Choose a high-quality pellet for your rabbit.  Avoid pellet mixes that contain additional items such as seeds, dried fruits, grains, or sugary treats.  If you switch brands, do it gradually to avoid digestive upset. (Many pet supply stores keep food in their warehouse for many months, and often their food is already stale by the time it is placed on the shelves.) You should not purchase more than a 6-week supply of food at a time. Purchase small quantities like 5-10 pounds, or share purchase with a friend who also has a rabbit. Timothy pellets are preferred.

Age Rabbit Weight Daily Amounts
< 8 months
8 months & up
Unlimited
2-4 lbs
5-7 lbs
8-10 lbs
> 10 lbs
due to rapid growth
1/8 cup
1/4 cup
1/2 cup
3/4 cup

Do not refill the bowl even if all the pellets are eaten before the next day. Overfeeding of pellets is the number one cause of health problems that we see. Keep your rabbit healthy by not overdoing it.

Vegetable List

Basil
Beet
Bok Choy
Broccoli (incl. leaves)
Brussel Sprouts
Carrot & Carrot Tops
Celery
Cilantro
Clover
Collard Greens
Dandelion Greens & Flowers
Escarole
Green Peppers
Kale
Mustard Greens
Mint
Parsley
Peppermint Leaves
Raddichio
Radish Tops
Raspberry Leaves
Read Leaf and Romaine Lettuce
Spinach
Watercress

Fruits (used for treats or medicating)

Apple
Greens
Melon
Peach
Strawberries
Blueberries
Papaya
Pineapple
Raspberries
Dried Fruits
Bananas

Treat Foods

Acceptable treats are the Fruits listed above or whole grain bread. Treats should be given in small amounts occasionally (about 1 teaspoon per 5 lbs. body weight). It is good to know what treats your rabbit likes as these can be used to hide medication when required.

THE FOLLOWING TREATS ARE NOT RECOMMENDED – salty or sugary snacks, nuts, chocolate, breakfast cereals, or other grains containing oatmeal and corn.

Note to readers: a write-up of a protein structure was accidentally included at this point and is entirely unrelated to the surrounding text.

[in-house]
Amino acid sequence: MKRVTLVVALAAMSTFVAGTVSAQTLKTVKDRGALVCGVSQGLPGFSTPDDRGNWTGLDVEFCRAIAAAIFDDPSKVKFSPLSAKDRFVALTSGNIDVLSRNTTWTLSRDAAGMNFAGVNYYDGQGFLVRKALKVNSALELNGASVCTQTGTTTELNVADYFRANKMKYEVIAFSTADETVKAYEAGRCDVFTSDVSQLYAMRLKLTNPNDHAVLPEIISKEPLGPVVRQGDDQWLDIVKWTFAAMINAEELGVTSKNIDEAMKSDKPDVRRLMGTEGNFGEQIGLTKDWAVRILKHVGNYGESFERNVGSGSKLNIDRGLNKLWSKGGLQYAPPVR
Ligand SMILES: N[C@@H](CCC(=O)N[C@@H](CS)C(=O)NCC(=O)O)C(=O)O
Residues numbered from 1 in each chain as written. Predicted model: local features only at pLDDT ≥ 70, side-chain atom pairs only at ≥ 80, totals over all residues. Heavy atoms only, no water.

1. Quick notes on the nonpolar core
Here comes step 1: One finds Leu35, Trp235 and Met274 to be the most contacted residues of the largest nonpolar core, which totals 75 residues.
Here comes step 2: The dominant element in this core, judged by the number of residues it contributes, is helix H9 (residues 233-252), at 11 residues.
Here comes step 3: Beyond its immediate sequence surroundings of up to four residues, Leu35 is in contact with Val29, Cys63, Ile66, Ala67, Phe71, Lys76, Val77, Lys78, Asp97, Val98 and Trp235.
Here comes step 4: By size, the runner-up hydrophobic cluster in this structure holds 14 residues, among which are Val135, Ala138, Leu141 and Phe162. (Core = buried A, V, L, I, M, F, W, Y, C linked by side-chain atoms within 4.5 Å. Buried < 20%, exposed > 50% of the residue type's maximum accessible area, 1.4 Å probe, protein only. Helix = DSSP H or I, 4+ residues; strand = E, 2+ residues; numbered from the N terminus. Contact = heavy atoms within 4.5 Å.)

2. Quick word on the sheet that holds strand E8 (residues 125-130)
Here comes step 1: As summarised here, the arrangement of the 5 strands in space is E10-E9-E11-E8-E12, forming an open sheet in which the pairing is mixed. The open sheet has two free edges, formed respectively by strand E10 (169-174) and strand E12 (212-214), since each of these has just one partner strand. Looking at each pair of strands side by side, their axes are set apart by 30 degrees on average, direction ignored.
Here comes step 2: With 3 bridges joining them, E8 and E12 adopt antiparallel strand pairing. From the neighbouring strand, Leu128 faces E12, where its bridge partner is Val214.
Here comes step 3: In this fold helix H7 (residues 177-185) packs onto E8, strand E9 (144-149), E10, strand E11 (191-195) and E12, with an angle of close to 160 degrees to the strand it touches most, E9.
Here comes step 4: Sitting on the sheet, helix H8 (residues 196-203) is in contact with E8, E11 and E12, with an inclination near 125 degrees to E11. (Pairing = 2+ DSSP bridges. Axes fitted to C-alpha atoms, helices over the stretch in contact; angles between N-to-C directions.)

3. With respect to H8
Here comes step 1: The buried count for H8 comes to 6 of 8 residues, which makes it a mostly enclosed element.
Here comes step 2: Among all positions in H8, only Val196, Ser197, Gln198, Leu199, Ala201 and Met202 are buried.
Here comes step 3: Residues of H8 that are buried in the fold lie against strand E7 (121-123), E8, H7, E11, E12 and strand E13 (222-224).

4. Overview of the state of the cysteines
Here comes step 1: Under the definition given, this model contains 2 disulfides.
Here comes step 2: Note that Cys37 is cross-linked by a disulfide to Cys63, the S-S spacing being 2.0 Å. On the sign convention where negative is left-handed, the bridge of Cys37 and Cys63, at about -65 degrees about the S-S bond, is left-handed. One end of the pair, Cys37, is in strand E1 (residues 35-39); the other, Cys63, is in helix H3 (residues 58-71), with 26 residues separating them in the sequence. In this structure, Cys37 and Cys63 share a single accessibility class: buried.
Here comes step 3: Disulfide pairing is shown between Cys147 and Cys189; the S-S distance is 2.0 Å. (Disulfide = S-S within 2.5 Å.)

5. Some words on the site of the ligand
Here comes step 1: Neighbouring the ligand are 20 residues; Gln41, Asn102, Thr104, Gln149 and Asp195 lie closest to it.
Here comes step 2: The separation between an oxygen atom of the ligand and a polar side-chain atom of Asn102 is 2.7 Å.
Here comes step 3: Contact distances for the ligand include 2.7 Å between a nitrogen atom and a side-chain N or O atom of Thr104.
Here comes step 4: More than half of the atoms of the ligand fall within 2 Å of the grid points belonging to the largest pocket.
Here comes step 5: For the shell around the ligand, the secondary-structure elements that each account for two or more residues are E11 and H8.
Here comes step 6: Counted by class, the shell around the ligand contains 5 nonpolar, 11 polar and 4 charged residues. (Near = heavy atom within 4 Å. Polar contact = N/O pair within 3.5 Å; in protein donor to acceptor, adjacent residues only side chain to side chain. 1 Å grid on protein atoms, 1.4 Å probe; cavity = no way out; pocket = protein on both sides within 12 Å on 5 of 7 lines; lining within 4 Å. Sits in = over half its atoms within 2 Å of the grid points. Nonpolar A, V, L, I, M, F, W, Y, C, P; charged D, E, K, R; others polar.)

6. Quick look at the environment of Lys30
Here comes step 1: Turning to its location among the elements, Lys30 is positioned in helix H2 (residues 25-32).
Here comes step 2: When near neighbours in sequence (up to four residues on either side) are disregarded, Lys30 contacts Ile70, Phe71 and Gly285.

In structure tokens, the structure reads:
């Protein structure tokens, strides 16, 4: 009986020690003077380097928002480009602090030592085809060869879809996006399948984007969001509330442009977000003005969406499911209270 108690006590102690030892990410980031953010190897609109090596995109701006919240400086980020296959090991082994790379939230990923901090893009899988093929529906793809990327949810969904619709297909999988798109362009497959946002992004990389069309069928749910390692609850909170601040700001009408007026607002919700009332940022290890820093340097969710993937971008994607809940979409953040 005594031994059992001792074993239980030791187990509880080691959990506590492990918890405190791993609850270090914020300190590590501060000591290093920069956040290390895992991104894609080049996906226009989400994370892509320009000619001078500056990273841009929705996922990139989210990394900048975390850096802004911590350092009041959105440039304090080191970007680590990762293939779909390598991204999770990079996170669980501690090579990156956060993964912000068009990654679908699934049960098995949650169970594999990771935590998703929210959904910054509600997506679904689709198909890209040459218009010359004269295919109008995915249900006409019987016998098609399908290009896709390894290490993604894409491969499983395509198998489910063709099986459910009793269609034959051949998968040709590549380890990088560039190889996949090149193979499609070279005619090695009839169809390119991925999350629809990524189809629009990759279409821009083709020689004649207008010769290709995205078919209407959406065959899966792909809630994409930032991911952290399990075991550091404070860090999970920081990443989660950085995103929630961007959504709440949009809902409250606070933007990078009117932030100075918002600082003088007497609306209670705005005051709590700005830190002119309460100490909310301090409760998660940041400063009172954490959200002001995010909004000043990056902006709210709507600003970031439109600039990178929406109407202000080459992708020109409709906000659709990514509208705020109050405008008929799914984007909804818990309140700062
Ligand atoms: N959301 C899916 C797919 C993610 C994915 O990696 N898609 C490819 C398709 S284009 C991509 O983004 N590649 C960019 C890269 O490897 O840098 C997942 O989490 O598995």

Water

Water should always be available and changed daily. A dirty water container can breed bacteria that can cause disease. Providing both a water bottle and a heavy crock that cannot be tipped over is recommended. Do not use medications or vitamins in the water, as your pet may not drink if the taste or color is altered. Rabbits taste water better than many species. If you are using a chlorinated water source it is important to let the water stand uncovered for several hours prior to placing it in the dripper bottle. This allows the chlorine to dissipate and not be trapped in the bottle. Chilled water is great, especially in the summer time.

Vitamins

These are not necessary if the rabbit is getting pellets, hay, and fresh foods in the diet. In fact, the indiscriminate use of vitamins may lead to overdose and serious disease. We can advise you on the amount and type of supplementation your rabbit needs should it’s medical condition require it.

Night Droppings (Cecotrophes)

It may seem strange to list as a part of the diet, but these ‘special droppings’ are an essential part of your pet’s nutrition. During certain times of the day, usually in the evening, you may observe your bunny licking the anal area and actually eating some of the droppings in the process. These fecal pellets are softer, greener, and have a stronger odor than the normal hard, dry, round waste droppings. Your pet knows when these droppings are being produced and will take care of eating them him/herself. These fecal pellets come from the cecum, which is part of the digestive system and they are rich in vitamins and nutrients. This habit may appear distasteful to us, but it is normal and important for your bunny.